As many of us are now able to spend more time outdoors and travelling to work, he urges each of us to take personal responsibility for staying within the restrictions set out by the Government …
He says: “Officers will be focusing on those activities that remain prohibited including unlawful gatherings or travelling to visit others in their homes. We will use common sense and discretion to determine what’s reasonable. We can now issue fines for £100 in the first instance to those not adhering to Government guidelines. However, officers will continue to engage, explain, encourage and, only as a last resort, enforce.”
He goes on: “Officers are also working hard to keep us all safe from the full range of crimes in what remain challenging circumstances so we would ask everyone to work with us and remember that if you need our help we are here for you.”
For full guidance on what you can and can’t do, it’s best to check the Government’s own updated advice on their website at gov.uk and the link is in the transcript at petersfieldradio.uk
And now some thank yous, starting with the Harrow Inn. After our shout-out for plants and cuttings to sell for charity at the Harrow Inn, Claire would like to thank everyone who has responded. She has already sent £800 to the Rosemary Trust nurses in the past week, so please keep all plants coming and if you’re passing by, do buy some.
The management at Steep House Nursing Home are sending a special thank you to relatives, staff and our wonderful local community for the kind donations of PPE during this challenging time. Special thanks are given to Mrs Pelling, Mark from The Petersfield School, Emma from Rogate, our night staff Paula, West Hampshire CCG, Portsmouth CCG and The Grange Surgery. The procurement team at head office have ensured there has been an adequate supply of PPE to keep all residents and staff safe, which must be a comfort to everyone involved in any way with the Home. Last but not least, Dominos Pizza has supplied free pizzas on Thursdays.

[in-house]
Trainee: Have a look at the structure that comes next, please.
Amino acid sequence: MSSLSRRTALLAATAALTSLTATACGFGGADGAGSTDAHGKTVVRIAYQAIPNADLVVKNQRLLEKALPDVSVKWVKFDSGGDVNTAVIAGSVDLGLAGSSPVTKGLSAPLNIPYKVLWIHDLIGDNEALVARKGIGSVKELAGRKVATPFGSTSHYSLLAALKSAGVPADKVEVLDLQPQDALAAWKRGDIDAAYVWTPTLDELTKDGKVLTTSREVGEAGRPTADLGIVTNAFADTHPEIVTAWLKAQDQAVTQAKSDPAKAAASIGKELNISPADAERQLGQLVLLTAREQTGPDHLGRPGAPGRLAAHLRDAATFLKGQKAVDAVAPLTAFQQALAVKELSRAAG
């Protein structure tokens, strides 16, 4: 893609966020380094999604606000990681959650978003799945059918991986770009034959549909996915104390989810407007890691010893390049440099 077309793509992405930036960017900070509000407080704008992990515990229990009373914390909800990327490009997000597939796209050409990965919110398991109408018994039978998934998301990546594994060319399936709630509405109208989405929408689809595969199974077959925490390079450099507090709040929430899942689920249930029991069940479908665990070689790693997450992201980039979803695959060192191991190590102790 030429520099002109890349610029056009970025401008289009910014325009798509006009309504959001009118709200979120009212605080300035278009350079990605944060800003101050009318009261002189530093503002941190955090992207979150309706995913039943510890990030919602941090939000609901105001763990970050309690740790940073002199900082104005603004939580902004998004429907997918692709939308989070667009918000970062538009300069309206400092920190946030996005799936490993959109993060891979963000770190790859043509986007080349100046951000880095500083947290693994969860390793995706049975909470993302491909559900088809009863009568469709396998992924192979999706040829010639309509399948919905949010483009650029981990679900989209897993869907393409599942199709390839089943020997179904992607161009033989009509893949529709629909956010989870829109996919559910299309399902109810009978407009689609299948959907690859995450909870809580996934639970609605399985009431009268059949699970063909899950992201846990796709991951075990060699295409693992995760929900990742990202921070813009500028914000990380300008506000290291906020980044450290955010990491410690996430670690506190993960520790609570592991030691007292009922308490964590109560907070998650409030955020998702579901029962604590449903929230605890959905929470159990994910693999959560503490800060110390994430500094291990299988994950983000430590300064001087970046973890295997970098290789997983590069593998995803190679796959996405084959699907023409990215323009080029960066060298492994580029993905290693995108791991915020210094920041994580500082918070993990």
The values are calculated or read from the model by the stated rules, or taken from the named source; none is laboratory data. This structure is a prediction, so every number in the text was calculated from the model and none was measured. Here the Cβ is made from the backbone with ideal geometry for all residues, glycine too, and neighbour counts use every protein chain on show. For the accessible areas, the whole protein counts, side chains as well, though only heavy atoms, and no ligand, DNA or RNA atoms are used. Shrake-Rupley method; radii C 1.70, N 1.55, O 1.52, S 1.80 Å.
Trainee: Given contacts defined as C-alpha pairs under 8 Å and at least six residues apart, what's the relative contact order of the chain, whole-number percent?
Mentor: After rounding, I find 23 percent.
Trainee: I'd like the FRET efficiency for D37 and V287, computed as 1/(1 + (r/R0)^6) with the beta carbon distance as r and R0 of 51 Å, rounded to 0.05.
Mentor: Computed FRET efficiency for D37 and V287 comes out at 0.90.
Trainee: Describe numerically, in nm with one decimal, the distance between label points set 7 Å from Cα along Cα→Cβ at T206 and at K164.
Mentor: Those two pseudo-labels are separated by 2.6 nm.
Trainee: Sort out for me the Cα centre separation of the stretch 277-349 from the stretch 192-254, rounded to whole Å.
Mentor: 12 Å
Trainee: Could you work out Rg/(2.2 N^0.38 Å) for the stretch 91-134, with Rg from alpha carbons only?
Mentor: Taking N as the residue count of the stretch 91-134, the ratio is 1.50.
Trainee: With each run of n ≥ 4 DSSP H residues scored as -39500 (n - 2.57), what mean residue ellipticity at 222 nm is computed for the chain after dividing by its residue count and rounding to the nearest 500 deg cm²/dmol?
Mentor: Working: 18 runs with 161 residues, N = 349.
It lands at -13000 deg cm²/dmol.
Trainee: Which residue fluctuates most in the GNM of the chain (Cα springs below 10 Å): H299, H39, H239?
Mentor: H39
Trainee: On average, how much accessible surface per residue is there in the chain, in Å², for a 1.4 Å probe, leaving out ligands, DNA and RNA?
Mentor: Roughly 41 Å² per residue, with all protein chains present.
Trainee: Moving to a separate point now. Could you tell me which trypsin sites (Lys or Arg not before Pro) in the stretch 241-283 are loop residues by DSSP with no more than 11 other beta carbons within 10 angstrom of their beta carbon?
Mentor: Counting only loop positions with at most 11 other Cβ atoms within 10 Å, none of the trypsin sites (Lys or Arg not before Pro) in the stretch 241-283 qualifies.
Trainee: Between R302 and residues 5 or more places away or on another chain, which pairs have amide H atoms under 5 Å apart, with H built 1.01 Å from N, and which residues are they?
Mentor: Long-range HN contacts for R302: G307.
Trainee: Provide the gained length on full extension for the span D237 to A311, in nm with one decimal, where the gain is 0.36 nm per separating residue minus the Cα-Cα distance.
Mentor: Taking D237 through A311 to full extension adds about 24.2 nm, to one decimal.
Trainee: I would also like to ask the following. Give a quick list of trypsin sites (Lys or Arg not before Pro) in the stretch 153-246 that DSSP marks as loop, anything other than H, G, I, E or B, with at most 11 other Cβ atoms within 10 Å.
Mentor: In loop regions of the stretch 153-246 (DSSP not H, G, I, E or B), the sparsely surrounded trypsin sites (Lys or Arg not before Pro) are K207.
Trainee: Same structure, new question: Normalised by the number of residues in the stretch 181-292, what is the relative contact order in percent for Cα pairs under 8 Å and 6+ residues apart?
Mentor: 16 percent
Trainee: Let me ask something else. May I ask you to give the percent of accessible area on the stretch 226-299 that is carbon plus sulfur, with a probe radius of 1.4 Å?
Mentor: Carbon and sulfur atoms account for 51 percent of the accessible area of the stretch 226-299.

Don’t forget we can go to Garden Centres now – and Blue Diamond at Rake is already open, with Hillier Garden Centre at Liss joining them today, from 10am till 4.30pm every weekday and from 10.30am on Sundays. As you’d expect, neither is serving food or drink while physical distancing is in place.
Roads are becoming busier. Try to avoid Sussex Road for the rest of this week. Hampshire County Council says its contractors are working there and traffic control is in place. We haven’t seen it to be honest but that’s what they say.
The same goes for the reported traffic control on Winchester Road, near to the McDonald’s slip road as South-East Water says it is carrying out out necessary works.
And if you’ve been wondering where our summer went … Ne’er cast a clout till May is out! No, it’s not bashing the scriptwriter over the head but shedding even a rag of clothing.
We shouldn’t be surprised about a sudden cold snap around the middle of May. This is when legend says that the Ice Saints do their worst work, from May 11 to 14 — the feast days of St Mamertus, St Pancras, St Servatius and St Boniface, respectively.
Of course it is! As another old saying goes, “He who shears his sheep before St Servatius’ Day loves his wool more than his sheep.” Vineyards are especially vulnerable to frosts in May that badly damage buds and young shoots.
So gardeners need to look out for these late frosts, when those three mischievous ice-saints hold their festival in the middle of May. And apart from frost, what else does the weather have in store?
After a cold start, today will be sunny until the afternoon, when cloud will bubble up again. It will stay dry but chilly, with a maximum temperature of 13 degrees. It warms slightly towards the weekend.